One last thing. Since this will be your first CAMERA, I would highly suggest you do not buy new. Look on ebay, craigslist, or even better if you have local camera shop near you check them out. They might have used stuff for great prices. That's what I do at times. I'm not talking about Best Buy, etc. I mean a local Mom and Pop place. The kind of place with no wall or floor space for anything new, the kind with carpet older then you, that smell like your local army/navy store. Those are the best kind. They will have years of knowledge to help you. That's if you can find one:rolleyes: .
Anyways, good luck. You will love the leap from point and shoot to SLR/DSLR
11-28-2007, 04:53 PM
What Phil said has a lot of merit. In another post (http://www.expeditionportal.com/forum/showthread.php?t=9542), I suggested nearly the same thing. It had to do with using print and slide film in a manual 35mm SLR. Using slide film, the lab will not make adjustments to the process, and you will be able to determine if your exsposures were correct. With film, the lab will correct color and exposure errors, and you may not know that you messed up the exposure.
Using film will slow you down. This is a GOOD thing, because creating nice images is not a fast process. Digital has made many photographers lazy about checking their meter readings, etc. People think they can fix everything in the computer. A lot can be done in the computer; if you want to spend all your time fixing problems. Film will help you to learn the art of photography, then you can use other tools, such as digital capture.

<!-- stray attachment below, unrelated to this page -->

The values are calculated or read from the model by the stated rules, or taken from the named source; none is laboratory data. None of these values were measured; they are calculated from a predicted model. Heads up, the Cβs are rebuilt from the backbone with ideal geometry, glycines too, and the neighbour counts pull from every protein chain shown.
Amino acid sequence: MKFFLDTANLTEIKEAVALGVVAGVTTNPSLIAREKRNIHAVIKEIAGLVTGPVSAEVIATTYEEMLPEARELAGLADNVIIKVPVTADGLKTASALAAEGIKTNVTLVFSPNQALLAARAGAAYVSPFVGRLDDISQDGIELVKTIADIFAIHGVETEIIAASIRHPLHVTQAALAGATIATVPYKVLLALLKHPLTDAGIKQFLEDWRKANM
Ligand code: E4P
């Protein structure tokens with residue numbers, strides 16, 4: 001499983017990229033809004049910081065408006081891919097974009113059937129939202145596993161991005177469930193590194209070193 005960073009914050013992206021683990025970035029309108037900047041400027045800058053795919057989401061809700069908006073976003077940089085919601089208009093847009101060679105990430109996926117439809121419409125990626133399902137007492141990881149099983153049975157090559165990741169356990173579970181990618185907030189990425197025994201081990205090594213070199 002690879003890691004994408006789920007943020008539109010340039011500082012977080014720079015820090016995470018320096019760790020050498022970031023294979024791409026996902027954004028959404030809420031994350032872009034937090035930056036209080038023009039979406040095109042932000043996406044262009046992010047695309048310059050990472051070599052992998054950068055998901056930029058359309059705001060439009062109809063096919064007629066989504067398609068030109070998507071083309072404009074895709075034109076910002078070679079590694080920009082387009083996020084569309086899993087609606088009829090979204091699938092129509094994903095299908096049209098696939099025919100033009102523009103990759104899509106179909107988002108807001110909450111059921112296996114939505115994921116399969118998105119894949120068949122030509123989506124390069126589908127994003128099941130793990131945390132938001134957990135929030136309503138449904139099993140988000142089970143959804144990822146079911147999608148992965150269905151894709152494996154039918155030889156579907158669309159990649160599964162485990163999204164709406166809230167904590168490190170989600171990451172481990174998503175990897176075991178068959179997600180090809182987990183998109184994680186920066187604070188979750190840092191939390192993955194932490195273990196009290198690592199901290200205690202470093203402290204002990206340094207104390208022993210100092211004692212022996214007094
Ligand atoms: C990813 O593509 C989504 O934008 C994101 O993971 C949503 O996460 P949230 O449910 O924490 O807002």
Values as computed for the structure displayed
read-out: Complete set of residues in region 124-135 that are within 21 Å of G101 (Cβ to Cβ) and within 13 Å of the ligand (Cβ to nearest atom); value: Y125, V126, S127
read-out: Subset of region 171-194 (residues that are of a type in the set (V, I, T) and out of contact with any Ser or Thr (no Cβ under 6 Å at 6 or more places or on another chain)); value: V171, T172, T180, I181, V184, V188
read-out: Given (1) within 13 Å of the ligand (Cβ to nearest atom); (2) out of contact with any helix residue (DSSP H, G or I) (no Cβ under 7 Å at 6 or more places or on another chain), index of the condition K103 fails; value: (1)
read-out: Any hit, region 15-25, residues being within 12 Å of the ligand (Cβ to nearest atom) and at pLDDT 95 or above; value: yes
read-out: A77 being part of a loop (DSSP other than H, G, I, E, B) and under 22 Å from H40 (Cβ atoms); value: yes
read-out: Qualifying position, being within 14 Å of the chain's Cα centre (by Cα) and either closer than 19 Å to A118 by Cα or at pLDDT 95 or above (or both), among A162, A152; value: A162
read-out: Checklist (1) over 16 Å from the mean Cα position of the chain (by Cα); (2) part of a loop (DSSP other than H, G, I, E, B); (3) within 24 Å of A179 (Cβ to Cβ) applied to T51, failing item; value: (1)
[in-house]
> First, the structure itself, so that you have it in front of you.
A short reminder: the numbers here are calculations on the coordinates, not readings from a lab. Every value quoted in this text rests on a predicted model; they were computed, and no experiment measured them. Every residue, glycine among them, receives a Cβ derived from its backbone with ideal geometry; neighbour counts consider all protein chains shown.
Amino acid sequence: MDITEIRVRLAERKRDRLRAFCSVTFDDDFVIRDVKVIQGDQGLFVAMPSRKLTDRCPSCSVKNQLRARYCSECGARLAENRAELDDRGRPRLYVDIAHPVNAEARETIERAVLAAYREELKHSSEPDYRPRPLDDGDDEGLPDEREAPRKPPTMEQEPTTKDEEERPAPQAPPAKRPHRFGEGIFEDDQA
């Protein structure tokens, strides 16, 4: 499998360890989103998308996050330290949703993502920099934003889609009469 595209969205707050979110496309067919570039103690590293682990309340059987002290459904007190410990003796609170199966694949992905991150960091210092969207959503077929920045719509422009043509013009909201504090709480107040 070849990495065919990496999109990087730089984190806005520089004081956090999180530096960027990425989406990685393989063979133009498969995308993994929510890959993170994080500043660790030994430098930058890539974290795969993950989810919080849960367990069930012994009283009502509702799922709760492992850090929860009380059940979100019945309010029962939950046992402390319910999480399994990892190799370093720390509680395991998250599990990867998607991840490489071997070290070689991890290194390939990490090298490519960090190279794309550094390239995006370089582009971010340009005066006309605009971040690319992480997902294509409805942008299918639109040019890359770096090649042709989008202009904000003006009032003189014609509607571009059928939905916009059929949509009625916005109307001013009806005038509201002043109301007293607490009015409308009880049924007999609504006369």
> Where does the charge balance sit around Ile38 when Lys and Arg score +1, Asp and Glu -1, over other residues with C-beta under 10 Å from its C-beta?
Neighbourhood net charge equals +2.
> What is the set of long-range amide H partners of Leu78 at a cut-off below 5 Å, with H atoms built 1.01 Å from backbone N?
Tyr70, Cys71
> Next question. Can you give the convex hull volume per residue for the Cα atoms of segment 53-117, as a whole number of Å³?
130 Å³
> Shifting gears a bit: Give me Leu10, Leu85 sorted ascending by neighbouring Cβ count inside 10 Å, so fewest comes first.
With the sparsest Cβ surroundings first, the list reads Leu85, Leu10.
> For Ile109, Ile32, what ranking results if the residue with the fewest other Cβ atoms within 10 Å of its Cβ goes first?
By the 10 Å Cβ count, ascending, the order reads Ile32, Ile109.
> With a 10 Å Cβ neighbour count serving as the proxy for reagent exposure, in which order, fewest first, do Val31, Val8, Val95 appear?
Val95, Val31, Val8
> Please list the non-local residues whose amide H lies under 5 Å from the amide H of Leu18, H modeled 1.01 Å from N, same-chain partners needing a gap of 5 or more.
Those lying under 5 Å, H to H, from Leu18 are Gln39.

You may already have a film camera. If not, do as Phil said, get a used one, and have it cleaned and tested. Use this for your photography training.
For your travels, you may want to pick up a decent P&S digital. Using this will allow you to start learning the digital process, and work-flow. Shooting, storage, backup, editing, printing, etc.
As you learn photography, you will be much more comfortable in choosing you new or used Digital SLR. Technology is changing fast; but a digital SLR from two years ago was good then, and it still is. People were making great images with those cameras two years ago.
An external flash is also a great idea, when you start using flash to control shadows and color correction. As NWOODS stated, the pop-up flash can have trouble when using a good lens. The best lenses tend to have large diameter barrels, to hold a large piece of glass. The flash is so close to the level of the lens, that the lens will actually create a shadow in the photograph, as it blocks the light to the lower part of the photo. It ruins most photos, when it happens.
This should trake some of the pressure off of any Christmas decisions you have coming up.:)
11-28-2007, 08:00 PM
Very good points that I did not even think about Brain. I think that whole lazy digital photographer thing is why I am resisting the jump to Digital. I hear people say I can just fix it in Photoshop later.